When Did Chess Computers Seem Unbeatable?
World Chess Champion Magnus Carlsen won't even play complete games against computers; what's the point?
Grandmaster and author Andrew Soltis told NPR that “Carlsen won't even play his computer. He uses it to train, to recommend moves for future competition. But he won't play it because he just loses all the time, and there's nothing more depressing than losing without even being in the game.”
As far as I know, the first reference to the idea that computers or robots would so far outclass human chess players, that even the best human players had no chance at all of winning, dates to 1951. In his story First He Died (Time and Again), Clifford Simak writes:
The man reached out a hand, thoughtfully played a knight. The robotic clicked and chuckled. It moved a pawn...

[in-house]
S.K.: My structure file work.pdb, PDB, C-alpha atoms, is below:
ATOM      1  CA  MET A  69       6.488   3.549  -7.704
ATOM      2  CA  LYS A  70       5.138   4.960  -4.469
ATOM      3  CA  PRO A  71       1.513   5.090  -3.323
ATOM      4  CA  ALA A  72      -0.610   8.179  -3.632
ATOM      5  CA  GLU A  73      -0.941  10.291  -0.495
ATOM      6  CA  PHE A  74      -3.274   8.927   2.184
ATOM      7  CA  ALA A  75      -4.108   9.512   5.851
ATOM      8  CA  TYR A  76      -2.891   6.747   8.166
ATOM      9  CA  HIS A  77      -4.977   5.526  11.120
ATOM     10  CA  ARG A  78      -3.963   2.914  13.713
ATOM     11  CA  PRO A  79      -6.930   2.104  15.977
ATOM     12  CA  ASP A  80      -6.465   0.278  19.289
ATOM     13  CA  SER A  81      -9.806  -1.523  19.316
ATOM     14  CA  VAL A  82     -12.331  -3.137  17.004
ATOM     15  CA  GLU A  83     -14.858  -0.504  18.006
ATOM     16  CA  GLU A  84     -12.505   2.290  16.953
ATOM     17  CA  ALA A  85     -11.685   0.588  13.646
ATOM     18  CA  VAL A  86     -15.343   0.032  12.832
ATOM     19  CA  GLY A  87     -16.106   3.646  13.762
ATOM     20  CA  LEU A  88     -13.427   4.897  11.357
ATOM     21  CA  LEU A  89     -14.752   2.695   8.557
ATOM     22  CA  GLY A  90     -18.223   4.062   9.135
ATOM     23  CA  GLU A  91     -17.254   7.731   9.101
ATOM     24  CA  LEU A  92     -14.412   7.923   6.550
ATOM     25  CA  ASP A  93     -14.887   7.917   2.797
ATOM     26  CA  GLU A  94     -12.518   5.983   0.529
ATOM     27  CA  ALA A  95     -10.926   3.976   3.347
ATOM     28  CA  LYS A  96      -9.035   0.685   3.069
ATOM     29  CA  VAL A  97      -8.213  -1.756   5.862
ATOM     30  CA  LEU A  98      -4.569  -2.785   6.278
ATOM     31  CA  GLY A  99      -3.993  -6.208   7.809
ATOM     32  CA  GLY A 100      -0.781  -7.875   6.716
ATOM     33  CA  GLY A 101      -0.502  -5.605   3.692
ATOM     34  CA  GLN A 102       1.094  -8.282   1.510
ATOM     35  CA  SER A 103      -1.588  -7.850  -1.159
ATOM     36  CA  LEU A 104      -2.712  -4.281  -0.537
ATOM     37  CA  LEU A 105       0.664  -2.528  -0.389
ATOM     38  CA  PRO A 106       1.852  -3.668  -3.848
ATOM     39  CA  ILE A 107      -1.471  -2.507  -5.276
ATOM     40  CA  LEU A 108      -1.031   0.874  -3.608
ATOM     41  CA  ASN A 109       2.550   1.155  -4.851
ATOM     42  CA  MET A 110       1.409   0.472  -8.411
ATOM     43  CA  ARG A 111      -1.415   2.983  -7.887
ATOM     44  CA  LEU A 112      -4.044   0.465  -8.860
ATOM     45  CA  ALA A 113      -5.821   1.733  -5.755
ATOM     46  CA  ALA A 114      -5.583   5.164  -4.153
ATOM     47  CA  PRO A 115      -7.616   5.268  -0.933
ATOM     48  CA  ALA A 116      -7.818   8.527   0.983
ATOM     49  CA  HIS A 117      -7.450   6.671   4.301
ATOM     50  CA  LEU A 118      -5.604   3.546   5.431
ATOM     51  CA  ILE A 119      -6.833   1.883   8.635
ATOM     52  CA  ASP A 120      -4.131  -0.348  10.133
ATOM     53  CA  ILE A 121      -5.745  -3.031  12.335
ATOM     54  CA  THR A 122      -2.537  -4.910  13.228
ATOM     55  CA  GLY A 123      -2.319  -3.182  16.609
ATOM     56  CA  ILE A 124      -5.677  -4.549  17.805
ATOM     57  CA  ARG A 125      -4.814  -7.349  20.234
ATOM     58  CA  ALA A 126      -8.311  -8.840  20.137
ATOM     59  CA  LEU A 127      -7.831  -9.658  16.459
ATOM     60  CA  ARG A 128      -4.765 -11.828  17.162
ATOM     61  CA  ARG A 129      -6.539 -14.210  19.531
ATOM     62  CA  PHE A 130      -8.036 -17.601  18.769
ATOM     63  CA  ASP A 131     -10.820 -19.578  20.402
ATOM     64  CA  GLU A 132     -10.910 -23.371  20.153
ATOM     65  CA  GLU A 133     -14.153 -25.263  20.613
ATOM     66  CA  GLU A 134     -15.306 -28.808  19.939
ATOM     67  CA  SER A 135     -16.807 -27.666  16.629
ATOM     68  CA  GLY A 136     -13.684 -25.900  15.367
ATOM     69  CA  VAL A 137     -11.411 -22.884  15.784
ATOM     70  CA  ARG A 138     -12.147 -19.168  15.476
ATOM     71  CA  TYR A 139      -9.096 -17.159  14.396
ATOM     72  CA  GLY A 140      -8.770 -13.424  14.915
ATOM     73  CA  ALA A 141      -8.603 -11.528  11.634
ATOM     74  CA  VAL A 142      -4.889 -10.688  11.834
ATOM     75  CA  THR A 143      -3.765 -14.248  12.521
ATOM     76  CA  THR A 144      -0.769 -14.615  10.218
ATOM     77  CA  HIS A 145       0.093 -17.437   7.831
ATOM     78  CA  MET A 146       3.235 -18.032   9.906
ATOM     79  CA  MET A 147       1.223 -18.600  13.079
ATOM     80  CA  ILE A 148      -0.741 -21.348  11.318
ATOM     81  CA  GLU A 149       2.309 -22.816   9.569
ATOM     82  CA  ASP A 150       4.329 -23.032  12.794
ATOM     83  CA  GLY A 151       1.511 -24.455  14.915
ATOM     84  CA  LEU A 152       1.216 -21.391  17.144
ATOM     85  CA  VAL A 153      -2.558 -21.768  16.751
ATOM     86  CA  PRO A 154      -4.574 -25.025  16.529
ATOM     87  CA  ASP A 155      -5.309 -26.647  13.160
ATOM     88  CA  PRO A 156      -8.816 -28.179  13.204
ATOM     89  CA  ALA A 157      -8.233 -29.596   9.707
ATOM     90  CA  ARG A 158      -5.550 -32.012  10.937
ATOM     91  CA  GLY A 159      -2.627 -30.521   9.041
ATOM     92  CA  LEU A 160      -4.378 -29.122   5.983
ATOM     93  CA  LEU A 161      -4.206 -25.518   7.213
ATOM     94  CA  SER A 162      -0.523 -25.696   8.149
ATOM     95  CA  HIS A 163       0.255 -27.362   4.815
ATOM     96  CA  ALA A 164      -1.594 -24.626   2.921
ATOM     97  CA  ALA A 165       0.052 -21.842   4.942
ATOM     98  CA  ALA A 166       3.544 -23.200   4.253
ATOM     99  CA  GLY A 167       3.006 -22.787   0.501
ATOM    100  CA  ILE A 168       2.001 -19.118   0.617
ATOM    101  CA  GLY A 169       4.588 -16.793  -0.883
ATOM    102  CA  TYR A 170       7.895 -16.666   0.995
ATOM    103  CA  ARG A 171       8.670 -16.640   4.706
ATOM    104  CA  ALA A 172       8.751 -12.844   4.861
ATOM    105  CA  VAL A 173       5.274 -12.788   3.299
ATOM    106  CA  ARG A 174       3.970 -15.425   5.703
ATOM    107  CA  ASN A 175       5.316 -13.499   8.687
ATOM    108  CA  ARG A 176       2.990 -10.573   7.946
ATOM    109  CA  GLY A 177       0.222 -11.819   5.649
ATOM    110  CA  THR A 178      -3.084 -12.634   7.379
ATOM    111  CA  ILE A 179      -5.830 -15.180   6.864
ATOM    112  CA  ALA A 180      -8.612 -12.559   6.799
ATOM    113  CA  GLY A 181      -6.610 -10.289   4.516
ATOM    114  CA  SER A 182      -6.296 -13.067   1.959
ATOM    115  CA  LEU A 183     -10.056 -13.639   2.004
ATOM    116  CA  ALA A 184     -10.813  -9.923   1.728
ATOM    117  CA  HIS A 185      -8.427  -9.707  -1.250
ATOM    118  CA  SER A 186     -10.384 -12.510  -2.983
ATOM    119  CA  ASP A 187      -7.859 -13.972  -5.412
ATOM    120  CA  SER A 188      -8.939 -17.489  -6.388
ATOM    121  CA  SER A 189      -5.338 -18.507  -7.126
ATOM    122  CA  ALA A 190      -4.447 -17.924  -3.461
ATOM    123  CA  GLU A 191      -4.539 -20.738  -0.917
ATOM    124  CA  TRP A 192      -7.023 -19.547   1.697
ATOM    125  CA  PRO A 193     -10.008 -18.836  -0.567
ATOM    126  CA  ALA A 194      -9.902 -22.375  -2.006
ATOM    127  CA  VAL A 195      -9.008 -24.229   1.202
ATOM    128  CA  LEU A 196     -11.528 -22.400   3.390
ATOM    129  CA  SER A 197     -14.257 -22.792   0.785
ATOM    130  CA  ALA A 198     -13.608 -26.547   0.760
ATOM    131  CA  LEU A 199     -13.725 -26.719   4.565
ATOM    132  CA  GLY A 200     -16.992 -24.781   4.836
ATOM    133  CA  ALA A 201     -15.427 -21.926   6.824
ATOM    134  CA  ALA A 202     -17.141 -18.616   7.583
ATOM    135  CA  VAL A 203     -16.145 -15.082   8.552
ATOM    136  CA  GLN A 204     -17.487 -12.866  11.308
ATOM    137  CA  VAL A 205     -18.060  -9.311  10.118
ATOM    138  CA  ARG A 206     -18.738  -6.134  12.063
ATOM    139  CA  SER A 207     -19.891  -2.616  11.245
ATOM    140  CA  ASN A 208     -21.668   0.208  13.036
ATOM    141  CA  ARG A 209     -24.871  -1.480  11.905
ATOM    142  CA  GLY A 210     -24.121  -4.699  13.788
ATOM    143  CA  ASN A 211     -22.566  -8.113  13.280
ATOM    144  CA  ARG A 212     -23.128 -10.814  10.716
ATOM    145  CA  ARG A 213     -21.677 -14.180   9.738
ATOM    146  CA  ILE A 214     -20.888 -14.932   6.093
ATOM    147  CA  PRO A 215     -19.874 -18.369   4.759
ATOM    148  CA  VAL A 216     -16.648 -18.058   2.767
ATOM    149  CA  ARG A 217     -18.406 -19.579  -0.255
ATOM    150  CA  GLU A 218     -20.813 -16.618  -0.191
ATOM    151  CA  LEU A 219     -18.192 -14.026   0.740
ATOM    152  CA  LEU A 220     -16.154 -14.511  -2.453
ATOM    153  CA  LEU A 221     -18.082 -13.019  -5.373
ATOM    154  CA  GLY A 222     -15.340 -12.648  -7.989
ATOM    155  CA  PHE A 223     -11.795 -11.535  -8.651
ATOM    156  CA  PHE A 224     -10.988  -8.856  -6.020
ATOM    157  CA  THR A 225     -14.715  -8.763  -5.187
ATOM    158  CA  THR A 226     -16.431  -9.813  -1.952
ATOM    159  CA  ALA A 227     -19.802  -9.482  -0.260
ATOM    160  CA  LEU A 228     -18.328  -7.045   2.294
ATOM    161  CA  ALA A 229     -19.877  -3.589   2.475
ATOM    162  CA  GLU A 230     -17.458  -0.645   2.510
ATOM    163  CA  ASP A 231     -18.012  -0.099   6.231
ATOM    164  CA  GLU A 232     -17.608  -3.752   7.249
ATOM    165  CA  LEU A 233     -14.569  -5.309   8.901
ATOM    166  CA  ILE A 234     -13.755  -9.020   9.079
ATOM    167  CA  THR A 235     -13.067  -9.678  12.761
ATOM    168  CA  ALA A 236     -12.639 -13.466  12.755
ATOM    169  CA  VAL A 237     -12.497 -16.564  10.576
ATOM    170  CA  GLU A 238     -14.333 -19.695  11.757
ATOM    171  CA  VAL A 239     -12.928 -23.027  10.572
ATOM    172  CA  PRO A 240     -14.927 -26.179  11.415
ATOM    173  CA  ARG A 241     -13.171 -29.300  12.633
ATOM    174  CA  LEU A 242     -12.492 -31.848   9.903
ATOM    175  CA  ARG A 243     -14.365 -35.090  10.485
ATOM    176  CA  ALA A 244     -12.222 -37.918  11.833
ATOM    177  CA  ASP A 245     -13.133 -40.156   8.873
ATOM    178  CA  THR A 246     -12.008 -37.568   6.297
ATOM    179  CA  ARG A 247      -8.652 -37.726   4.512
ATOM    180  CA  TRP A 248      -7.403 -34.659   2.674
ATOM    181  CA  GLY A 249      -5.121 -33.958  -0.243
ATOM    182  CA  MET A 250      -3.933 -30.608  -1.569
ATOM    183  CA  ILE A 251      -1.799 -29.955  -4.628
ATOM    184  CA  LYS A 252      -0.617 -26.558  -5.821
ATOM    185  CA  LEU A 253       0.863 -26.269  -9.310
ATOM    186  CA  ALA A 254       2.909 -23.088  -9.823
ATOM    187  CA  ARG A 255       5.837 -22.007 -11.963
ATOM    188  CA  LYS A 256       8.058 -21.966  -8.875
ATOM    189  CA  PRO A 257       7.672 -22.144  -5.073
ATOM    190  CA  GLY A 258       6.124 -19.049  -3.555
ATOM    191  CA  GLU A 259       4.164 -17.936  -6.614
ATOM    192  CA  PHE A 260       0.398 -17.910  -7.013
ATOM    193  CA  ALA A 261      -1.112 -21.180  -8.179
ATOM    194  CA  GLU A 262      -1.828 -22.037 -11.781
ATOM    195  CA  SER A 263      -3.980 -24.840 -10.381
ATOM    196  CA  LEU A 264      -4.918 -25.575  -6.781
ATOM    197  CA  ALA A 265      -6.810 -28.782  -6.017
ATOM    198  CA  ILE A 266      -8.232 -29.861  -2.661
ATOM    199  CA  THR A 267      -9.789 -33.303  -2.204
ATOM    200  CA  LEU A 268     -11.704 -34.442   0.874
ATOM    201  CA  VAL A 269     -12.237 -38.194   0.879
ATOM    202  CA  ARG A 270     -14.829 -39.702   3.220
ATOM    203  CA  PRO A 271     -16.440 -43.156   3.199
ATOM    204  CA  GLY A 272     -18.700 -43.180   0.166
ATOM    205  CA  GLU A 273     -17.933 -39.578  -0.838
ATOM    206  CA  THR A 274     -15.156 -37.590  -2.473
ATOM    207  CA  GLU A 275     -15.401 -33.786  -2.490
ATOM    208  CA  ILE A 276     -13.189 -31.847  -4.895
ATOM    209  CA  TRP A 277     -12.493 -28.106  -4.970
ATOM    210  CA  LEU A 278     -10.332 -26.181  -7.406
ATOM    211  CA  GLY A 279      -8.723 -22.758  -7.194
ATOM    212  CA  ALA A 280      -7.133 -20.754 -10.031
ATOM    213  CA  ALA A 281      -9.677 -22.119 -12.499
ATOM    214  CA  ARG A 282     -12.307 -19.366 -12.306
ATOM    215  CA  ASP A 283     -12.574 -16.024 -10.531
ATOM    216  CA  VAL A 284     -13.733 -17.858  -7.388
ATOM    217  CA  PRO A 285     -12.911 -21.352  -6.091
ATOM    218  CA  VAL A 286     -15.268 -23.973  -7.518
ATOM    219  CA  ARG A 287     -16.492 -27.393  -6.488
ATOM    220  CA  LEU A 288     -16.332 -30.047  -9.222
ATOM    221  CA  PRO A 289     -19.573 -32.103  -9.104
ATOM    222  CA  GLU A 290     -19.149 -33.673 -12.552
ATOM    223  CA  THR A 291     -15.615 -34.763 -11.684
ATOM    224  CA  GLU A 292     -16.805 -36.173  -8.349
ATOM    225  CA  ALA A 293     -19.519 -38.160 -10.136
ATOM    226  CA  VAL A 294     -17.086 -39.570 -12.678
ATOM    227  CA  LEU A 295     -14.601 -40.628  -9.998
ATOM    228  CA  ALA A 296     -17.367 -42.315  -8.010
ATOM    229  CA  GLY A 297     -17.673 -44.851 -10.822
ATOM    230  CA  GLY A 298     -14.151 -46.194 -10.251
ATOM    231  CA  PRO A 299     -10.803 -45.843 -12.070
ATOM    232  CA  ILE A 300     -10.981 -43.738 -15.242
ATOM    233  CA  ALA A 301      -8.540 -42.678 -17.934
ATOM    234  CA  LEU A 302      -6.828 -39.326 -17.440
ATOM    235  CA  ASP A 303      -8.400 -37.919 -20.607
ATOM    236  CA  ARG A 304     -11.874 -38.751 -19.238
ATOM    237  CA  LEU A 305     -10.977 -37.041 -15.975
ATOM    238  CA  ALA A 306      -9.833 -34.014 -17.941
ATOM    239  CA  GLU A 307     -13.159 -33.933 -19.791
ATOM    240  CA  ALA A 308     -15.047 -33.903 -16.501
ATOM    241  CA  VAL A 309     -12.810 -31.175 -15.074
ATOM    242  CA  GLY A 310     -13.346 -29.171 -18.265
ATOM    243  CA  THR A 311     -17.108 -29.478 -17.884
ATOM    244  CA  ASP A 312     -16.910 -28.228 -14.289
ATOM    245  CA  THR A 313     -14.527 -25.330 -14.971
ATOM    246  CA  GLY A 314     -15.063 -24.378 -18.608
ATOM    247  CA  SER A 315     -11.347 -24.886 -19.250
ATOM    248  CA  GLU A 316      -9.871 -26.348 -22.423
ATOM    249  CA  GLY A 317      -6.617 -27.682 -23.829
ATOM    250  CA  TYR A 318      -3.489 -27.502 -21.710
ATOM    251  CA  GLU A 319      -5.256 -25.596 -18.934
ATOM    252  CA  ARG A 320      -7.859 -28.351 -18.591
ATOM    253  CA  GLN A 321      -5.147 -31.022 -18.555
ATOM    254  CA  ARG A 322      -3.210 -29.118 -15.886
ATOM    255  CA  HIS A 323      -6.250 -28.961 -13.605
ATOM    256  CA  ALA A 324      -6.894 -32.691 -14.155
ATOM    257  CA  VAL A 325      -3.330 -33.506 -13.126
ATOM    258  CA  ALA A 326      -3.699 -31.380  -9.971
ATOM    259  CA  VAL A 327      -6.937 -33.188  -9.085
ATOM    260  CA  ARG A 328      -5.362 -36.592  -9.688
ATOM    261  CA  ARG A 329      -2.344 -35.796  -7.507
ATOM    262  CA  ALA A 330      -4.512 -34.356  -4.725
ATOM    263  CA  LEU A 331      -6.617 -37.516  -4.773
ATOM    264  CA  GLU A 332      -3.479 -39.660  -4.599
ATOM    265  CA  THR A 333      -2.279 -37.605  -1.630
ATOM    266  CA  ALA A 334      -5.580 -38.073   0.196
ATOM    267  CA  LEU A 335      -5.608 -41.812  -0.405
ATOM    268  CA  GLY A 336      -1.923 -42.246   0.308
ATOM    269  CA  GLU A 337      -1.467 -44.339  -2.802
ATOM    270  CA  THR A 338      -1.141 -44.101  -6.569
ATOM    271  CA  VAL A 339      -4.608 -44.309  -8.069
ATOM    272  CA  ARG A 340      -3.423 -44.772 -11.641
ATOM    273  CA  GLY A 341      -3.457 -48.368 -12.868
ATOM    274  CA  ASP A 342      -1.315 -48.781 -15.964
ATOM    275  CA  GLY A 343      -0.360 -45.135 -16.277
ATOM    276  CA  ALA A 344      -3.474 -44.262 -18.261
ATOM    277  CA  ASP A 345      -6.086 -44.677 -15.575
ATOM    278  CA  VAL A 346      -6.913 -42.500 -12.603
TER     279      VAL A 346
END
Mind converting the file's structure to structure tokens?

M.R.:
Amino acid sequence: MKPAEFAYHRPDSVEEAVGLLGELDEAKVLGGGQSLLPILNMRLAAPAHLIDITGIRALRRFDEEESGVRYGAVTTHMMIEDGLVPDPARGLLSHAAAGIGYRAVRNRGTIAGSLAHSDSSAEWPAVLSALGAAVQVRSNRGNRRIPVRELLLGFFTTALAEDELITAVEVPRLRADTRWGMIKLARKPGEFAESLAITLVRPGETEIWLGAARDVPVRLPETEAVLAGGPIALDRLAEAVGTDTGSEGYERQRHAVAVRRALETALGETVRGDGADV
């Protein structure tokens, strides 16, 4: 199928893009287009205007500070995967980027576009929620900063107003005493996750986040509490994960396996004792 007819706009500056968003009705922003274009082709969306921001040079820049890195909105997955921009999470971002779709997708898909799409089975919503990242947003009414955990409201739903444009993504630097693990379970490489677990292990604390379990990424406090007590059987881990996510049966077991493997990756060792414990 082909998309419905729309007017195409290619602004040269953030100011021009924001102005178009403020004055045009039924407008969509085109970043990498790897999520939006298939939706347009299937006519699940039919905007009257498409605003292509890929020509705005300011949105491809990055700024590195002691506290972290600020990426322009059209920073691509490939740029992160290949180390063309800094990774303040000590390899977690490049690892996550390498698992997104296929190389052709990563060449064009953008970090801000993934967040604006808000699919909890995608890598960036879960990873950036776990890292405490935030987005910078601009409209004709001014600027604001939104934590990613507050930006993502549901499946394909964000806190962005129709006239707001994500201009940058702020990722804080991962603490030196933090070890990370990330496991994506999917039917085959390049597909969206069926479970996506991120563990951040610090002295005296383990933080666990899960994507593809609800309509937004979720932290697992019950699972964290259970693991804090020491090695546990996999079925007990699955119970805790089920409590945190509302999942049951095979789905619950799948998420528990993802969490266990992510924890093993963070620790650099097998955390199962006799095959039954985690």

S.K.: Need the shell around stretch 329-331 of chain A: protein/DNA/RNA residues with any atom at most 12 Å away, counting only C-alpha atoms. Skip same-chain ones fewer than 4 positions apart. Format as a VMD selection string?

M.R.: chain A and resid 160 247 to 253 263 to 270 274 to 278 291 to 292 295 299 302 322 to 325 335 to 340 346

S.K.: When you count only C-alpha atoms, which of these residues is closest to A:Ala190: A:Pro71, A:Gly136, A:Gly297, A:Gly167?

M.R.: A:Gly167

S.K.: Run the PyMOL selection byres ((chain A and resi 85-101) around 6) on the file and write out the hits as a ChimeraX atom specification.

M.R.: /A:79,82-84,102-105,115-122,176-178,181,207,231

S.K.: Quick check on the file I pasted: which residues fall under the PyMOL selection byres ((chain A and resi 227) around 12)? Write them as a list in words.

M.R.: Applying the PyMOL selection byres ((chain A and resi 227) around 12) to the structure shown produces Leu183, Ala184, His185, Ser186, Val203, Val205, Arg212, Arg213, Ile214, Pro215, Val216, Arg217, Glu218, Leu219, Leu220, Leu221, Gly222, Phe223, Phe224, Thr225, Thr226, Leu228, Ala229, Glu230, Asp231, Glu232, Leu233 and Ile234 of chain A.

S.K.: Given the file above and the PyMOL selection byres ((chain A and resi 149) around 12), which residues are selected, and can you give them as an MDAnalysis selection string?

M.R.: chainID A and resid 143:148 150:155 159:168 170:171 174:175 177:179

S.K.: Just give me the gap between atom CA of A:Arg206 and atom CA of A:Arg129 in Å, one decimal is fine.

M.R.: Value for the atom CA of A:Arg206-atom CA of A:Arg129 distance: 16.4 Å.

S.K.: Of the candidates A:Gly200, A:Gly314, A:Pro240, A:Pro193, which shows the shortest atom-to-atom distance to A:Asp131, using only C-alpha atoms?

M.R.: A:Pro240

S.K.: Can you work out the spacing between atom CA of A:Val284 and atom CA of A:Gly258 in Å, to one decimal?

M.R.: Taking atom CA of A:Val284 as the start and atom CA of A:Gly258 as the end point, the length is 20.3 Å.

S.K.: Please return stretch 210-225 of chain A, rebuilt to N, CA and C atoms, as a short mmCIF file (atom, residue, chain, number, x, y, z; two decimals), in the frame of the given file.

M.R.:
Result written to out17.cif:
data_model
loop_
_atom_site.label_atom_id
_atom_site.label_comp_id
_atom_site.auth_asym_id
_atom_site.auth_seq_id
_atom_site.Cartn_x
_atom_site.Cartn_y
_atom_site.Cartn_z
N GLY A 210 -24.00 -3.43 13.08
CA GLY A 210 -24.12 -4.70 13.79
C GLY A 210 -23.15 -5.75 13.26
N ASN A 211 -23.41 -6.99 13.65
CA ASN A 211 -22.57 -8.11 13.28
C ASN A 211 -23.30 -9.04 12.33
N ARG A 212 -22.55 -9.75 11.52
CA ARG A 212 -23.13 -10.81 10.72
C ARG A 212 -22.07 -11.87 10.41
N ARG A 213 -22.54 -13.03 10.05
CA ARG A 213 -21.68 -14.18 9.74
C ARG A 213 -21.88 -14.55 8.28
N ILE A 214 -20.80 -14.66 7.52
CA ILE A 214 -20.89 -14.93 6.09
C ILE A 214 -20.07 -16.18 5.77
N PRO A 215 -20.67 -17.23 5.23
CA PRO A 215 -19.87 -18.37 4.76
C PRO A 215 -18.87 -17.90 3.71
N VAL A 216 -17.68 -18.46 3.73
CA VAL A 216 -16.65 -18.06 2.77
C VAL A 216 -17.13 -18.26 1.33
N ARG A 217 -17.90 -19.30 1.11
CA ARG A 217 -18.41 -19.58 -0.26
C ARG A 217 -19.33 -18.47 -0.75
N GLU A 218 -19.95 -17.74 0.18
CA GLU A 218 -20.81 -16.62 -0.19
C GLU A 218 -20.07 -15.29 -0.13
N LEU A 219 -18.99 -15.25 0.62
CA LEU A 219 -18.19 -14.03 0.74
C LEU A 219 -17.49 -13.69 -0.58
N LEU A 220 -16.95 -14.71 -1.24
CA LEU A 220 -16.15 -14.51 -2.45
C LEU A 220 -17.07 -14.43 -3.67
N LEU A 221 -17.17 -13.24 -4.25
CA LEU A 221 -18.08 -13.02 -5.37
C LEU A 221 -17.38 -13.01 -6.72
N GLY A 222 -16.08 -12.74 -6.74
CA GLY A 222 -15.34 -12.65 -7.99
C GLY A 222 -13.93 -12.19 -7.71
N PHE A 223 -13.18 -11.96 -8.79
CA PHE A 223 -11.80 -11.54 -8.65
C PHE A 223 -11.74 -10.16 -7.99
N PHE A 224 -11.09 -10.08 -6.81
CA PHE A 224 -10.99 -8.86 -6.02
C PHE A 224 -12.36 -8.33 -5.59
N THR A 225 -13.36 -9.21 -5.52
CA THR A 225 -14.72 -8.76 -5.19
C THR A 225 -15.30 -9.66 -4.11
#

"Mr. Benton hasn't won a game in the past ten years..."
"... Benton must have known, when he had Oscar fabricated, that Oscar would beat him," Sutton pointed out. "A human simply can't beat a robotic expert."
The first references to chess-playing computers by scientists were made by Konrad Zuse in the early 1940's and by Alan Turing in 1945. Zuse reputedly wrote a chess program in the early 1940's using PlanKalkuel, the first high-level computer language (also created by Zuse). Claude Shannon described in 1949 how to program a computer for chess, proposing basic strategies for limiting the number of possibilities to be considered ("trimming the tree").
Science fiction writers were there first, though; see this reference to automaton chess player.
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